US 1834700 A
Description (OCR text may contain errors)
Dec. l, 1931. .1. GRAssMAN ETAL 'ADVERTIING DISPLAY DEVICE FOR ELEVATORS Filed March 26, i928 ATroRNY Patented Dec. 1, 1931 UNED STATES PATEN'r oFF-ice JOHN GRASSI/IAN, OF BELLAIRE, AND LAiCHLAN STEWART GATTER, F NEW YORK, N. Y.
ADVERTISNG :DISPLAYk DEVICE yFOR ELEVATORS Application mea Marchas, leas. serial No. 264,777'.
It is anobj ect of our invention to design an automatic advertisingrdevice suitable for use in passenger elevators which will be inexpensive to construct and operate. i It is our further object to provide a device of thistype which will cause an advertising display card or sign to appear in a visible position and remain in that position fora predetermined interval of time before the next sign appears.
1o It is our further object todesign the mechanism of our device so that any one display will remain Xed as long `as the car is standing still or aslong as the operating control mechanism is not functioning. lWe dothis so that there will be no moving signs in the car while the elevator itself is ata floor landing and we thus avoid the possibility of delaying the exit from the car by reason of thepassengers who might stop to look at a moving sign or object. It is our further object to design this device so that it will be compact, positive in operation and lend itself suitably for display in the interiorof any passenger elevator. It is 'our further lobject to design a device which may be used in a department store elevator service which will, when the car is in motion only, function to disclose notices to the passengers of special sales and the like which may be in eect during any 3o given day or period of time, alsofor hotels in theatre districts to display current theatre attractions.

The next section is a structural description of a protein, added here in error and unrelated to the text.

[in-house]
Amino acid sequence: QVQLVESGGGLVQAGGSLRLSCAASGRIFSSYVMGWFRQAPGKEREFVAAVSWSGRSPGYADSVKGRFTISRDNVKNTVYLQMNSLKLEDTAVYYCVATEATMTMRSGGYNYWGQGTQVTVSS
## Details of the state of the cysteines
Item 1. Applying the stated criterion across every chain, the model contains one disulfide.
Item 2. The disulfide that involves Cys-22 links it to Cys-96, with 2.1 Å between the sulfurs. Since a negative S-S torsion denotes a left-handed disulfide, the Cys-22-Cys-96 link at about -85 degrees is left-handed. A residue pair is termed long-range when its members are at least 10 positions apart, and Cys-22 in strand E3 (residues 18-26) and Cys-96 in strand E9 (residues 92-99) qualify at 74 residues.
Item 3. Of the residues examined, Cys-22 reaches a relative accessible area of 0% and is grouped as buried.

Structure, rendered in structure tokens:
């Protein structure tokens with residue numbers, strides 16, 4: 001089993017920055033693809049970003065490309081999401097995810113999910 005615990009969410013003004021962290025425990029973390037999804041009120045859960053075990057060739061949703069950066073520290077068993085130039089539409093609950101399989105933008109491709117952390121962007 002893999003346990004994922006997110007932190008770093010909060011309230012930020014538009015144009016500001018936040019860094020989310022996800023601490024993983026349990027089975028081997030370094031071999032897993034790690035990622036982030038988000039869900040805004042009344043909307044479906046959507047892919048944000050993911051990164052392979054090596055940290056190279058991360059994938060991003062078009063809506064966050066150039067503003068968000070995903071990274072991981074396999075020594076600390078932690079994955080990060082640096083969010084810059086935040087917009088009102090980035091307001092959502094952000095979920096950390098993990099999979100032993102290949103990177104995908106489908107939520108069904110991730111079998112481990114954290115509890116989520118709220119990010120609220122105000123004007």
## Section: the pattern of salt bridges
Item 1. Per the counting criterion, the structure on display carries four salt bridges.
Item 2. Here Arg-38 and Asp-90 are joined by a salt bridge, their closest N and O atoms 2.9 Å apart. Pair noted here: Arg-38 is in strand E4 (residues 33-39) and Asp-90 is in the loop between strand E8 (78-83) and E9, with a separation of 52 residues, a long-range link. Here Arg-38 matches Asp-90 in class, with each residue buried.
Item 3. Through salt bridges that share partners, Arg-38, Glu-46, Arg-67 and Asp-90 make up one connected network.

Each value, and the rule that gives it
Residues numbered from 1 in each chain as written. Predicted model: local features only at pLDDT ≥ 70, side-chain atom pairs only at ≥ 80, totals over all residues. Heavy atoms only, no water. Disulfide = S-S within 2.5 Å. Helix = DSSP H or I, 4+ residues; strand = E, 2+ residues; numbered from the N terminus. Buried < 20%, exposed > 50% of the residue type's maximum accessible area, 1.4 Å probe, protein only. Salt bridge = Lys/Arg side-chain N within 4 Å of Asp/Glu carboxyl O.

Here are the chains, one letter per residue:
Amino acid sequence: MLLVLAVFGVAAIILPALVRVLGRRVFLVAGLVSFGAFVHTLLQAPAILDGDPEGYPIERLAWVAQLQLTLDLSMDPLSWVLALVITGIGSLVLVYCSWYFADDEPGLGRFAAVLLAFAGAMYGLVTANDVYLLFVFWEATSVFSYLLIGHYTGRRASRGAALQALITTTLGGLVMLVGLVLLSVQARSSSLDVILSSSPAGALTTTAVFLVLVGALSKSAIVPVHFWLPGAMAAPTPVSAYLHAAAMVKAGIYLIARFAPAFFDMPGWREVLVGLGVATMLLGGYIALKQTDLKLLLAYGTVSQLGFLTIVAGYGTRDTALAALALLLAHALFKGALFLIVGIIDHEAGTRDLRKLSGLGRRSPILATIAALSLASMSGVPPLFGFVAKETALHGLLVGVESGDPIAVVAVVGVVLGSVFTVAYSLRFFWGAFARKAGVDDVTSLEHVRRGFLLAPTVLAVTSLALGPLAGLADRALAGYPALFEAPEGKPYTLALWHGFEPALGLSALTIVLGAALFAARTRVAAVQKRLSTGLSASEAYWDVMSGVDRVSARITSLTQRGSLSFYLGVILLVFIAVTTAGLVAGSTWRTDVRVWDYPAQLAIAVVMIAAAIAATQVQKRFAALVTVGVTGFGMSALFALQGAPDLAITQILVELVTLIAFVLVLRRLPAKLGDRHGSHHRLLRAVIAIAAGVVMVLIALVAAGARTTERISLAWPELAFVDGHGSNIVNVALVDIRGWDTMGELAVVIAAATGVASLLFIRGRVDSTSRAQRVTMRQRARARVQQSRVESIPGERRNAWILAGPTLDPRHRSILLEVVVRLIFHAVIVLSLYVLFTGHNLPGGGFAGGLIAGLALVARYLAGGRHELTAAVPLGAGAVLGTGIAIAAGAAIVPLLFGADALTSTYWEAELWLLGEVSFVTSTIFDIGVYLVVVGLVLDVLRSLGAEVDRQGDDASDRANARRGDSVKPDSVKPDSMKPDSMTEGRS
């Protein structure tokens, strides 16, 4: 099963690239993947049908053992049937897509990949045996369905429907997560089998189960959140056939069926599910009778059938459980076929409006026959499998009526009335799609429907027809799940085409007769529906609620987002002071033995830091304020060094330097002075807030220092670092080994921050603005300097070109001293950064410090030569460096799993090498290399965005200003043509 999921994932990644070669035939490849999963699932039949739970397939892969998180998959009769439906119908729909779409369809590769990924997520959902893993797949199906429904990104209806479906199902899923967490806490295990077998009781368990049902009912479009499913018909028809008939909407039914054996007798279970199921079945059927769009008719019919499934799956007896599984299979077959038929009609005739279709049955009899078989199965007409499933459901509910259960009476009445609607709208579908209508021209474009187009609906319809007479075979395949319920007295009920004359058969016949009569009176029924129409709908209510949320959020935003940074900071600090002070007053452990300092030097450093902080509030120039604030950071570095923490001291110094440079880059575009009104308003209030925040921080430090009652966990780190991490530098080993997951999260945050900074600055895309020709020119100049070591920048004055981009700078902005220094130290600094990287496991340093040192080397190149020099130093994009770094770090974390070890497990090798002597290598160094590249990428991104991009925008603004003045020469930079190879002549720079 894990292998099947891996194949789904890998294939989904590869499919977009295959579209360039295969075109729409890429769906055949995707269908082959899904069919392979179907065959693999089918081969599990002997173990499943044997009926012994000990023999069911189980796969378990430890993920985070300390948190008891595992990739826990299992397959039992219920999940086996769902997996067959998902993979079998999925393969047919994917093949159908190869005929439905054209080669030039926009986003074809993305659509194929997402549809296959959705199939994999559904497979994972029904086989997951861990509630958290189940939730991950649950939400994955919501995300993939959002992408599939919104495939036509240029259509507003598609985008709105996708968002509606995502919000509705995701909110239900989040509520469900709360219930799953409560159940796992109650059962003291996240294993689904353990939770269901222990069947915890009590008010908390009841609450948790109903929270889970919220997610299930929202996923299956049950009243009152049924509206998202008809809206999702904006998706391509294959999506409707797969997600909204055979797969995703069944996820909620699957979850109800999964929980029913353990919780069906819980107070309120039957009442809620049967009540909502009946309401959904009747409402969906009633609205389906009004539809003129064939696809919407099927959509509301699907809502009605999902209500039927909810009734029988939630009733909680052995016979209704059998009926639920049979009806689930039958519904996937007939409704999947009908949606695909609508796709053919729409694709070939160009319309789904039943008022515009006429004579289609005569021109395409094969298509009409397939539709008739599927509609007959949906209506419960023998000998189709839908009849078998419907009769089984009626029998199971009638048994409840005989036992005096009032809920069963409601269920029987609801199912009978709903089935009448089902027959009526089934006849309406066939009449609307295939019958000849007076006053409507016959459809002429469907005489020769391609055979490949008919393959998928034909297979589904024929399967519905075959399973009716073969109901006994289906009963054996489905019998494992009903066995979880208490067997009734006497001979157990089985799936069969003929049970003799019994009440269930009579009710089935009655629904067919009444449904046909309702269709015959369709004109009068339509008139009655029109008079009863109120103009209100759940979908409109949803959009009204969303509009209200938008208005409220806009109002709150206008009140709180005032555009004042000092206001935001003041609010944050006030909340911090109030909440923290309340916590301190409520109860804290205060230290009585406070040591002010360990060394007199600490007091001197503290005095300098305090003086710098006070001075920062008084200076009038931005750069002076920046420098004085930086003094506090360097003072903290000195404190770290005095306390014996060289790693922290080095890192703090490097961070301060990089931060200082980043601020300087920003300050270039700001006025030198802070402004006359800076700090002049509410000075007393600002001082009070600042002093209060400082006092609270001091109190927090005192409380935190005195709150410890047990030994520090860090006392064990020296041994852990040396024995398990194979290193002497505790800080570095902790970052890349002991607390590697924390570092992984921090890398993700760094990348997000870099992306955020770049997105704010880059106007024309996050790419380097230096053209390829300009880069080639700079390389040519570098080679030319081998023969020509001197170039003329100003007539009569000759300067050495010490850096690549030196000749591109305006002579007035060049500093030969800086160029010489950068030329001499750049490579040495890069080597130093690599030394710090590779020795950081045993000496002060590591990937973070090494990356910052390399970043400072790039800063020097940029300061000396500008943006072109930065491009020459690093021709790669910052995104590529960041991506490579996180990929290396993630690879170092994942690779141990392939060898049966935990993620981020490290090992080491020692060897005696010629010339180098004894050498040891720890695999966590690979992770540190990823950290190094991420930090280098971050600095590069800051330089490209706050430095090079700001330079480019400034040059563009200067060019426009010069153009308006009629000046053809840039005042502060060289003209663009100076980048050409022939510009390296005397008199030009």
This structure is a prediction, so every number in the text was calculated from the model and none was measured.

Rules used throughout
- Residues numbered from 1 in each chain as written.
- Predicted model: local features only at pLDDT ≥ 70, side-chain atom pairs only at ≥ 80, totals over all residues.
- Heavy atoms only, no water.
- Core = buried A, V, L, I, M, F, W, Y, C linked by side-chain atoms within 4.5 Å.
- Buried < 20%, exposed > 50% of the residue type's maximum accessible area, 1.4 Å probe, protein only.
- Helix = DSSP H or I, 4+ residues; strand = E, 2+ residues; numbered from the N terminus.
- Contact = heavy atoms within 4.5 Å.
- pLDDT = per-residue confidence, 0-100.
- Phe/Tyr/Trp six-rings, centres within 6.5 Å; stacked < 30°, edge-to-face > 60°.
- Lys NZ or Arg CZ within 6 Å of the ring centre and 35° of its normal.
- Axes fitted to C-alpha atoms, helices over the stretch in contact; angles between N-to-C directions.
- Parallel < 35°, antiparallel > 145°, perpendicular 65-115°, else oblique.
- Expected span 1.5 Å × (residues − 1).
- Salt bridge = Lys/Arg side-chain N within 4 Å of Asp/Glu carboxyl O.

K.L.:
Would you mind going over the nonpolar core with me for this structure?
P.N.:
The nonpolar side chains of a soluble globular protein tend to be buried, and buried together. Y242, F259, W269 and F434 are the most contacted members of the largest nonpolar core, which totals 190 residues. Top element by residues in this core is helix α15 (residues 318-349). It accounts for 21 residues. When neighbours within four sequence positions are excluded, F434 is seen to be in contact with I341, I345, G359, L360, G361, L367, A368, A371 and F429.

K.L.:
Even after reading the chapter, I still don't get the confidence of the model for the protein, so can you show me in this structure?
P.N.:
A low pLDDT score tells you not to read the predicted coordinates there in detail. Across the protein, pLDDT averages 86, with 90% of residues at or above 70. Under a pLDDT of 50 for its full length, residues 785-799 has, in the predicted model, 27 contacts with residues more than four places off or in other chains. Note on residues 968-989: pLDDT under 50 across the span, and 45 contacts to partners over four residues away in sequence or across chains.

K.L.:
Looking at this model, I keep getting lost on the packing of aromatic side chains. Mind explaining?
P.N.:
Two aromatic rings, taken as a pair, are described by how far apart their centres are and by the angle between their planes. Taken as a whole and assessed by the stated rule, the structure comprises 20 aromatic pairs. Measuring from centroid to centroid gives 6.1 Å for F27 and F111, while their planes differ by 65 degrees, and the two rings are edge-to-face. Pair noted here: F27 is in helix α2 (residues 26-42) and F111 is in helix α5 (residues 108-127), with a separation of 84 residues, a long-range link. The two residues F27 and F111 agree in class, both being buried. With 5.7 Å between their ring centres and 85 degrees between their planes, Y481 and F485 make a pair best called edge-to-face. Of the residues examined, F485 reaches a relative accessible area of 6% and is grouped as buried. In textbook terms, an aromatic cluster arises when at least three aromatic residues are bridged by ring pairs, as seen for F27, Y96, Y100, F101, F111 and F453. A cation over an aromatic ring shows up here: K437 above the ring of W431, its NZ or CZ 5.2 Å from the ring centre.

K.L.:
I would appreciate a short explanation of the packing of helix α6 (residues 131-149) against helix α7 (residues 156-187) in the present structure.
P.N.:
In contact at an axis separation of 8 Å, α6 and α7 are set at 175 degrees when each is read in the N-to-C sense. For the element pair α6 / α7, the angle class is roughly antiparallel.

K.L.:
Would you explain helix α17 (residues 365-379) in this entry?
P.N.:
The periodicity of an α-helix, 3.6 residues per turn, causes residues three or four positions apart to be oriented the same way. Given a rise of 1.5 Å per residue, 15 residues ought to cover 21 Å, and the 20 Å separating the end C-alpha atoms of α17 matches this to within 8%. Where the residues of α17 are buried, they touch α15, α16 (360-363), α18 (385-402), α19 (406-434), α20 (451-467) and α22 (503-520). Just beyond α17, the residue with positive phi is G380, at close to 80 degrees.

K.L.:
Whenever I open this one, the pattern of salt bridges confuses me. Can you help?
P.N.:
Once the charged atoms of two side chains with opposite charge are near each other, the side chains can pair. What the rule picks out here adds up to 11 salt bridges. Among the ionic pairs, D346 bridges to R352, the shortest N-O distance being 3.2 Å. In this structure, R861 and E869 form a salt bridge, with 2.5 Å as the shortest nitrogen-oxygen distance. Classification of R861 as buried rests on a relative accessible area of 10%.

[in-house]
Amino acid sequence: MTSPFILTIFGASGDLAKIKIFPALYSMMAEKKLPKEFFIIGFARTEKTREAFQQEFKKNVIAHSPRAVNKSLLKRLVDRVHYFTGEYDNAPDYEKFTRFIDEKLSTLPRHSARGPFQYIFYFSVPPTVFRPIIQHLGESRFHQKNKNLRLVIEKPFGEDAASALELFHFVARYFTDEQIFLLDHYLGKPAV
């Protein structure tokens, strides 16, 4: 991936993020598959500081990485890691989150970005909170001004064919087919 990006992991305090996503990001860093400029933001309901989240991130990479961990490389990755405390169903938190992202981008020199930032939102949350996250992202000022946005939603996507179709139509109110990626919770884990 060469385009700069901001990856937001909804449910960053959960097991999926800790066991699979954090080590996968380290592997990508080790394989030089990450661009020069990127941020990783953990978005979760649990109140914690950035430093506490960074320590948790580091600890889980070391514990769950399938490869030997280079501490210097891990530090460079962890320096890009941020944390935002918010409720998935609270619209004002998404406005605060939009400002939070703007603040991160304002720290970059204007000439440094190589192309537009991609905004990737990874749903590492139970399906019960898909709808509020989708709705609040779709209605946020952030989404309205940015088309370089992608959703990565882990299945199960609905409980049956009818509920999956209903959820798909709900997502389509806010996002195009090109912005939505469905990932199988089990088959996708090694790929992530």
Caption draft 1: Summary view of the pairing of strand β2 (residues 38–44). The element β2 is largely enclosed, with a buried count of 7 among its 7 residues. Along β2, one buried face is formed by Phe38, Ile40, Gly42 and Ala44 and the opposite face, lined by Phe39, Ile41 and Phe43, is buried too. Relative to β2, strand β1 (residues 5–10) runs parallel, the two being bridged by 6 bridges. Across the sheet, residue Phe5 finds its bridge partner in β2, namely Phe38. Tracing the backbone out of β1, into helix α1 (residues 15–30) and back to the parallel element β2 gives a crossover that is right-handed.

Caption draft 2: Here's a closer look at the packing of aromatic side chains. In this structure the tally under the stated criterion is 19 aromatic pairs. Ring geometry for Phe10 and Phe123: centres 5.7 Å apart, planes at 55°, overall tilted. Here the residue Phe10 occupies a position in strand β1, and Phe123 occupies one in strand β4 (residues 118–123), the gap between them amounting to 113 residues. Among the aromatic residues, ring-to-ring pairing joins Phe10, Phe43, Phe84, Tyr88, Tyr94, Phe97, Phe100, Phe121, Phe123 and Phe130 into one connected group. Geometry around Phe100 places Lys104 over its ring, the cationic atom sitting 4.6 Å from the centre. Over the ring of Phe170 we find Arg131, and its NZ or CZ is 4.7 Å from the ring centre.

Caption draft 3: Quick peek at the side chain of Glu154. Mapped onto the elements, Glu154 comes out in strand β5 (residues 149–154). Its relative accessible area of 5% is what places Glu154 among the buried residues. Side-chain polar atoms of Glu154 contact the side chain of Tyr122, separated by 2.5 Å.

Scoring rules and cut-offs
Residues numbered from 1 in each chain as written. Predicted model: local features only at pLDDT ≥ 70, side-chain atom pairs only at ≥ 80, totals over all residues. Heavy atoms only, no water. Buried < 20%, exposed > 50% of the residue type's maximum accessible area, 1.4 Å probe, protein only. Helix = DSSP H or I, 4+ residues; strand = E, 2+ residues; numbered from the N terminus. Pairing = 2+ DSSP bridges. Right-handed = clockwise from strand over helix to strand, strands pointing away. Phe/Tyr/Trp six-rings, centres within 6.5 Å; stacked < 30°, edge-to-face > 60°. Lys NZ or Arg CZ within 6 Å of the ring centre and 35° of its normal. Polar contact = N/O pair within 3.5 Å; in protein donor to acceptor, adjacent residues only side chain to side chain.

Our 'invention will be more readily understood by reference to the accompanying drawings in which like numbers and like letters refer to like partsin the several views.
Fig. 1 is a diagrammatic sketch of one type of mechanicalV construction of our device. Fig. 2 shows a section of the cylinder mechanism through the plan-e 2 2. Fig. 3 is a sketch showing possible mounting in the elevator car.